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About Distributorships: Selling Other People's Products Through Your Own Business

Distributorships are Unstructured Opportunities, and are as old as commerce itself.  People who independently "rep" other people's products and services for a commission have been around since the first bead makers and flint knappers traded their goods for a share of the hunt.  Undoubtedly, some enterprising hunter gatherer thought, "this is good stuff.  I can swap some of these for a profit with the people in that next tribe over."  And the distributorship was born, which is why some of the independent reps I know say they're in the second oldest profession, after you know what.

The business is working as an independent sales representative for a one or more firms in an industry, and includes import-export business.  This opportunity requires a mastery of sales technique and a good knowledge of the specific industry into which you are entering.  

People who do well in an Unstructured Opportunity tend to fit a profile best described as a Natural Entrepreneur.  These are people who are hard working, educated with a commitment to life-long learning, are well organized, and work well with others.  They tend to be most comfortable in free-wheeling situations where they make their own decisions and create their own road map to success.(To better understand whether a structured or unstructured opportunity is best for you, take my quiz, What Form of Business is Best for You.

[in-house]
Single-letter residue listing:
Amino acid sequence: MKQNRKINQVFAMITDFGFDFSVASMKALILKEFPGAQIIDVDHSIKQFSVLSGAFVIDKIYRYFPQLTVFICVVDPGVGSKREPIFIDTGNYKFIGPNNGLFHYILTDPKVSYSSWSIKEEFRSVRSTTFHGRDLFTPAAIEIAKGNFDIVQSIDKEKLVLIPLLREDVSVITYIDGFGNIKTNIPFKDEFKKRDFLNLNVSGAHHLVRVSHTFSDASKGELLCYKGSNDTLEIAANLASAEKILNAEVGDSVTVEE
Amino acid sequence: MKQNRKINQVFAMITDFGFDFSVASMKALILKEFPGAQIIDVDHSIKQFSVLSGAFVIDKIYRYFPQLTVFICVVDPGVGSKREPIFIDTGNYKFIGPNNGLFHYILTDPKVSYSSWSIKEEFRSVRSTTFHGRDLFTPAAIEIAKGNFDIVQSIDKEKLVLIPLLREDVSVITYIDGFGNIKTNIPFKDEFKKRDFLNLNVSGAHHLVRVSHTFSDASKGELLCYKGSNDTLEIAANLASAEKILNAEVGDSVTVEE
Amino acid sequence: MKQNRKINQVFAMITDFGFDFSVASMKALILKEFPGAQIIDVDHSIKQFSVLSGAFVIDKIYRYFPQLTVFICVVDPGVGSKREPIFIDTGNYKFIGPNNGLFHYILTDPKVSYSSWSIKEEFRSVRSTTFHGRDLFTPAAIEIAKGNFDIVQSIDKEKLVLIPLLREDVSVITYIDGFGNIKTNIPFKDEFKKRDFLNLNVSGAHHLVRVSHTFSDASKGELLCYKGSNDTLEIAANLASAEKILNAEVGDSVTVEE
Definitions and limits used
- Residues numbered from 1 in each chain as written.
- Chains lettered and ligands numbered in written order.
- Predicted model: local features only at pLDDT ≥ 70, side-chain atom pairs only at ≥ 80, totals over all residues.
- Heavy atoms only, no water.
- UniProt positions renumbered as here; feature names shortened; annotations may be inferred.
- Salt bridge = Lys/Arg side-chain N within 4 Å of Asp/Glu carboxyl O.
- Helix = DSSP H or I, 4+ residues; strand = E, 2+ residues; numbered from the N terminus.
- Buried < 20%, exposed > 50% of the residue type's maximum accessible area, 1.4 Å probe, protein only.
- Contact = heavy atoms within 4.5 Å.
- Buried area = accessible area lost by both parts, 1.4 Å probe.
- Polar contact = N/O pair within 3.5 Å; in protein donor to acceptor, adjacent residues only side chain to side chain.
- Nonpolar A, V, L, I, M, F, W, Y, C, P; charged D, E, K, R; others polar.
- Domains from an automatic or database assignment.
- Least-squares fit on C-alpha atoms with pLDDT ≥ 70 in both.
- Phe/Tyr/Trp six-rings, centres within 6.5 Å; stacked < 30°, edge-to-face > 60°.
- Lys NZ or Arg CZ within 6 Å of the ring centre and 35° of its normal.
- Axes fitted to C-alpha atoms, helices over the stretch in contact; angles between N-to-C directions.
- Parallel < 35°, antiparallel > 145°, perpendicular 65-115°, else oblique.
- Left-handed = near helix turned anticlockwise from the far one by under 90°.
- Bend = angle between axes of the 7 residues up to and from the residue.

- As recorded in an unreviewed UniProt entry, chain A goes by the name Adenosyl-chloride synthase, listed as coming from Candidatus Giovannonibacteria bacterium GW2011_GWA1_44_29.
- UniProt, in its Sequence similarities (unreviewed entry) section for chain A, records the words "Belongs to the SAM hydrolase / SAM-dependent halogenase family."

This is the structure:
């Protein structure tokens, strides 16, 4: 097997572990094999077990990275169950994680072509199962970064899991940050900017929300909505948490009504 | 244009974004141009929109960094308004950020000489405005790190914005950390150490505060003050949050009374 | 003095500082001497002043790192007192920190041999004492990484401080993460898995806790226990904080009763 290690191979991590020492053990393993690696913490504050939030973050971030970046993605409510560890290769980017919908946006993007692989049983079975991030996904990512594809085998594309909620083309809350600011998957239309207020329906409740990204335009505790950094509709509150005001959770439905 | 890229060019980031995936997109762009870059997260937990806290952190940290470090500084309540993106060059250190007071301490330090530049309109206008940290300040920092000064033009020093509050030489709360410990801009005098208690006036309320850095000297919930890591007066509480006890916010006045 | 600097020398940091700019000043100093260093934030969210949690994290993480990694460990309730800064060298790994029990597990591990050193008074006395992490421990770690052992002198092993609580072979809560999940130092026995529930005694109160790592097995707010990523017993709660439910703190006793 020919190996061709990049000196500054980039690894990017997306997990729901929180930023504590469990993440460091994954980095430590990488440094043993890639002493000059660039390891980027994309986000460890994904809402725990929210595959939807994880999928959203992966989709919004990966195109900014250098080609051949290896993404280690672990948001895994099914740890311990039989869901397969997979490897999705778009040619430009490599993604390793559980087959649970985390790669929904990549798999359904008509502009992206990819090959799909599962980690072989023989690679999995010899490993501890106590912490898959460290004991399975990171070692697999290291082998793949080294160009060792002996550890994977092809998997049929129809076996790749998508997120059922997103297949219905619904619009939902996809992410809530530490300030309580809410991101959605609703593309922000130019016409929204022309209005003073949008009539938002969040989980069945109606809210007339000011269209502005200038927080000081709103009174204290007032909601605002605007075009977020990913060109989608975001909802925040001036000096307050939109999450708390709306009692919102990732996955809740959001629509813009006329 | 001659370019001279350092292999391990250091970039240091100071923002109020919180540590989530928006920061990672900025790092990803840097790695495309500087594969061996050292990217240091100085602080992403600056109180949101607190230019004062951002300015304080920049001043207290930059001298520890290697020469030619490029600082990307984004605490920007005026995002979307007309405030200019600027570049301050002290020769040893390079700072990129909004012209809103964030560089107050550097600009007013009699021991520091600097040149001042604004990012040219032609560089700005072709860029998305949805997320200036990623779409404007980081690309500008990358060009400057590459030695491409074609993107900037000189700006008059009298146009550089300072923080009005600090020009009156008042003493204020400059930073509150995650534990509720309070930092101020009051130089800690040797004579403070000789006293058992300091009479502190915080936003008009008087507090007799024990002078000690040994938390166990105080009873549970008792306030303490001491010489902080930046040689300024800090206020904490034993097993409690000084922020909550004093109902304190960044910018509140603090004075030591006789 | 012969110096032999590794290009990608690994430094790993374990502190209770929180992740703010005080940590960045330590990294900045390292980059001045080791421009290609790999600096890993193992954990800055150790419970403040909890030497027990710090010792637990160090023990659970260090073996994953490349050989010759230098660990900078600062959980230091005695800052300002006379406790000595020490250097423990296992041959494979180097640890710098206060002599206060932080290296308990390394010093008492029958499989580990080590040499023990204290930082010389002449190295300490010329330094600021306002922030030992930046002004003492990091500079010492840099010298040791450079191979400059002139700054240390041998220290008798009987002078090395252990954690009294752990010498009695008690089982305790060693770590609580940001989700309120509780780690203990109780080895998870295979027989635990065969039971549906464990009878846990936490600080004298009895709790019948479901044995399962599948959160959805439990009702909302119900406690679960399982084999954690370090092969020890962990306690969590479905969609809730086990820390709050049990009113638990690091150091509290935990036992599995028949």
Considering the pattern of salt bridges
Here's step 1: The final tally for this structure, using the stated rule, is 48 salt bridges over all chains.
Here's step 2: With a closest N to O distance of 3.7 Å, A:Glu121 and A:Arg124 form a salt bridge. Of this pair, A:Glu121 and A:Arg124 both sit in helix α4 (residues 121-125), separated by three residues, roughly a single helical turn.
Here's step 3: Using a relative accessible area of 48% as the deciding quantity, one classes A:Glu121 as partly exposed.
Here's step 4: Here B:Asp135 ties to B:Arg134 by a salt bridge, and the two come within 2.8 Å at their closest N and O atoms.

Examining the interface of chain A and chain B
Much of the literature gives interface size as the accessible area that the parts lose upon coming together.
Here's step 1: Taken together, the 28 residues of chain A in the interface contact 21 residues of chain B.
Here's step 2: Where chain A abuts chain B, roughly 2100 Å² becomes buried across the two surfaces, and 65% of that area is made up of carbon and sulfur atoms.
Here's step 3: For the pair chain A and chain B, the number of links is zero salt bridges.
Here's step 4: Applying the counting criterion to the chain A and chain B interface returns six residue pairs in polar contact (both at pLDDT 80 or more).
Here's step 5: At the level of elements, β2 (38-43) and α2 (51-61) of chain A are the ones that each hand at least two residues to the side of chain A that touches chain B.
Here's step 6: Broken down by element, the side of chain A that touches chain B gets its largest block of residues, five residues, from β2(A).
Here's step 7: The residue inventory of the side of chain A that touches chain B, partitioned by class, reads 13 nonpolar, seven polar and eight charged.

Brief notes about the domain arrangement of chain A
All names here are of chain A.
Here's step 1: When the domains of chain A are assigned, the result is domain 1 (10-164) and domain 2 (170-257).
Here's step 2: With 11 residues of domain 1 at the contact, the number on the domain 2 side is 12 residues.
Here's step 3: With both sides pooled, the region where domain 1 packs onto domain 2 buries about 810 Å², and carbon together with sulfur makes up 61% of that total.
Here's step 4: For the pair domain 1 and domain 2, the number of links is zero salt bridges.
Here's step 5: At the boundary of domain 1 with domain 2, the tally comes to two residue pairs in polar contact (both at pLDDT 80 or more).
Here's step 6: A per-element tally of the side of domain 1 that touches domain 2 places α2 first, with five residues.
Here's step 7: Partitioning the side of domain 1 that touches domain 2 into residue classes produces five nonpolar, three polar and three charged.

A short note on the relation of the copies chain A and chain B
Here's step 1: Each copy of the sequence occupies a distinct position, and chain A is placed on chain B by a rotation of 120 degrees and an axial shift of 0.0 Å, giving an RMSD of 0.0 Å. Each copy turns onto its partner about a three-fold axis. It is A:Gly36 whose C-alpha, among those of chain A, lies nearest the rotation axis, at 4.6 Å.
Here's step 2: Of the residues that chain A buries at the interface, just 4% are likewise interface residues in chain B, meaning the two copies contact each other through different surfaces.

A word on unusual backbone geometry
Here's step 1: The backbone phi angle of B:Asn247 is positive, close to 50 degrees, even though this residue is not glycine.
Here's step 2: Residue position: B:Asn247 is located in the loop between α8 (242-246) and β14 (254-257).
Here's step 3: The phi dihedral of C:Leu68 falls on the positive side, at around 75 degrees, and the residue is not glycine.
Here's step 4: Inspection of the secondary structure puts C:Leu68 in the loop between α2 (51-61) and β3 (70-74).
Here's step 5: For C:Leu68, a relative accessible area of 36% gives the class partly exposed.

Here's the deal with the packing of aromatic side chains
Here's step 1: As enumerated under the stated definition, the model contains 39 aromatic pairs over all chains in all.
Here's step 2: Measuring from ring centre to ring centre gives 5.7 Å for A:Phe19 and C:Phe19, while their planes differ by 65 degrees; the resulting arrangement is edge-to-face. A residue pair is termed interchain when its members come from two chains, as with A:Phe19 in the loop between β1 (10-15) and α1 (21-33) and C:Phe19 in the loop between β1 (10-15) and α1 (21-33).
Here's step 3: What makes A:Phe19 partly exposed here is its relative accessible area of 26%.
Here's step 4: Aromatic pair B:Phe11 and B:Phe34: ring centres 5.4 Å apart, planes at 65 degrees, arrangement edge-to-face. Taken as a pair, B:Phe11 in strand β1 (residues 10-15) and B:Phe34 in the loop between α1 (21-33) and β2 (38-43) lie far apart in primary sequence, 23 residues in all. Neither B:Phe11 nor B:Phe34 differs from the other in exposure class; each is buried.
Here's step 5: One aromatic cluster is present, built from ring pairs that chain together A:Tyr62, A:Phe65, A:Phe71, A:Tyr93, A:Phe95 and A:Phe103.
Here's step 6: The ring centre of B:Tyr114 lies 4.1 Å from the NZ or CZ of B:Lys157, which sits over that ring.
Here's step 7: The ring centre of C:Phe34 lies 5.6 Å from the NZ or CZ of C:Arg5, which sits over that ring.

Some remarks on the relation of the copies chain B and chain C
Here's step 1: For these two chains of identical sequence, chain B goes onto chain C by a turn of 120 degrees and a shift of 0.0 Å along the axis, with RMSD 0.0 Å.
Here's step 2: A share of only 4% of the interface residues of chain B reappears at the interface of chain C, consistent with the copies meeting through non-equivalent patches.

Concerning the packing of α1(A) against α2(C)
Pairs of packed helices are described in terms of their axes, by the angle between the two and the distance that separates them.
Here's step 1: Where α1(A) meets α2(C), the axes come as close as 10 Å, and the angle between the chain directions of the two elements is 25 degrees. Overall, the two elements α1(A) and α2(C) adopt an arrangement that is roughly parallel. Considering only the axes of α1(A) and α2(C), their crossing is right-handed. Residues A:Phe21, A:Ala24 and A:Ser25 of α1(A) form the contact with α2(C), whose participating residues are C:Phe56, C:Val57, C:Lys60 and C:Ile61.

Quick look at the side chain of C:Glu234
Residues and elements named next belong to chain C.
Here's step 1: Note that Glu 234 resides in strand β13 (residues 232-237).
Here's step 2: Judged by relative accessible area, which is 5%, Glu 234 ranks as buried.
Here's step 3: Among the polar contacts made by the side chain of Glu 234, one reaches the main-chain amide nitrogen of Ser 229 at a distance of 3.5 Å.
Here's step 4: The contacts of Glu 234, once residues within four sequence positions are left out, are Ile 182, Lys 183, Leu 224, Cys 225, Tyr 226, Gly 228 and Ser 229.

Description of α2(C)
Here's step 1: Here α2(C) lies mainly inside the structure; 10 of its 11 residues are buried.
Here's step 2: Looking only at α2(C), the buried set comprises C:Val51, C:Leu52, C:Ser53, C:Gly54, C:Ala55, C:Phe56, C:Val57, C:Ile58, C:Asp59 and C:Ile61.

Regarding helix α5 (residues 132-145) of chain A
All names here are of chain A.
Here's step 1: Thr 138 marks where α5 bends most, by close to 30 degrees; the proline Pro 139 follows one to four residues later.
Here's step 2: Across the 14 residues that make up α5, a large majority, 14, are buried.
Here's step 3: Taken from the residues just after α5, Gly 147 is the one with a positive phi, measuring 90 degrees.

Distributorship can be an excellent business opportunity with generally low start up costs ~ mostly a professional wardrobe and a nice car (think Cadillac, Lincoln, BMW or Mercedes.)  It's also important that you know the industry you're going into, with existing contacts.  Trying to go into an industry cold?  Not advised at all.

Many companies will help you with product samples, sales materials and advice that provides some structure. Even though you're not purchasing a franchise or direct-sales business, some though not many companies help with training and consulting services as well as some business support.  It can be an advantage to rep at least one company with a known product that invests in national advertising.

The downside?  You are on your own -- which means freedom, but also uncertainty.  The upside?  You are on your own with your own business, and you can grow it and possibly succeed on your own terms.

You can start (or purchase) existing distributorships in many industries, selling a wide variety of  "lines", i.e., products and services.   Often it's possible to represent two, three or more company's lines to the same or similar customers as long as the lines are not competitors.
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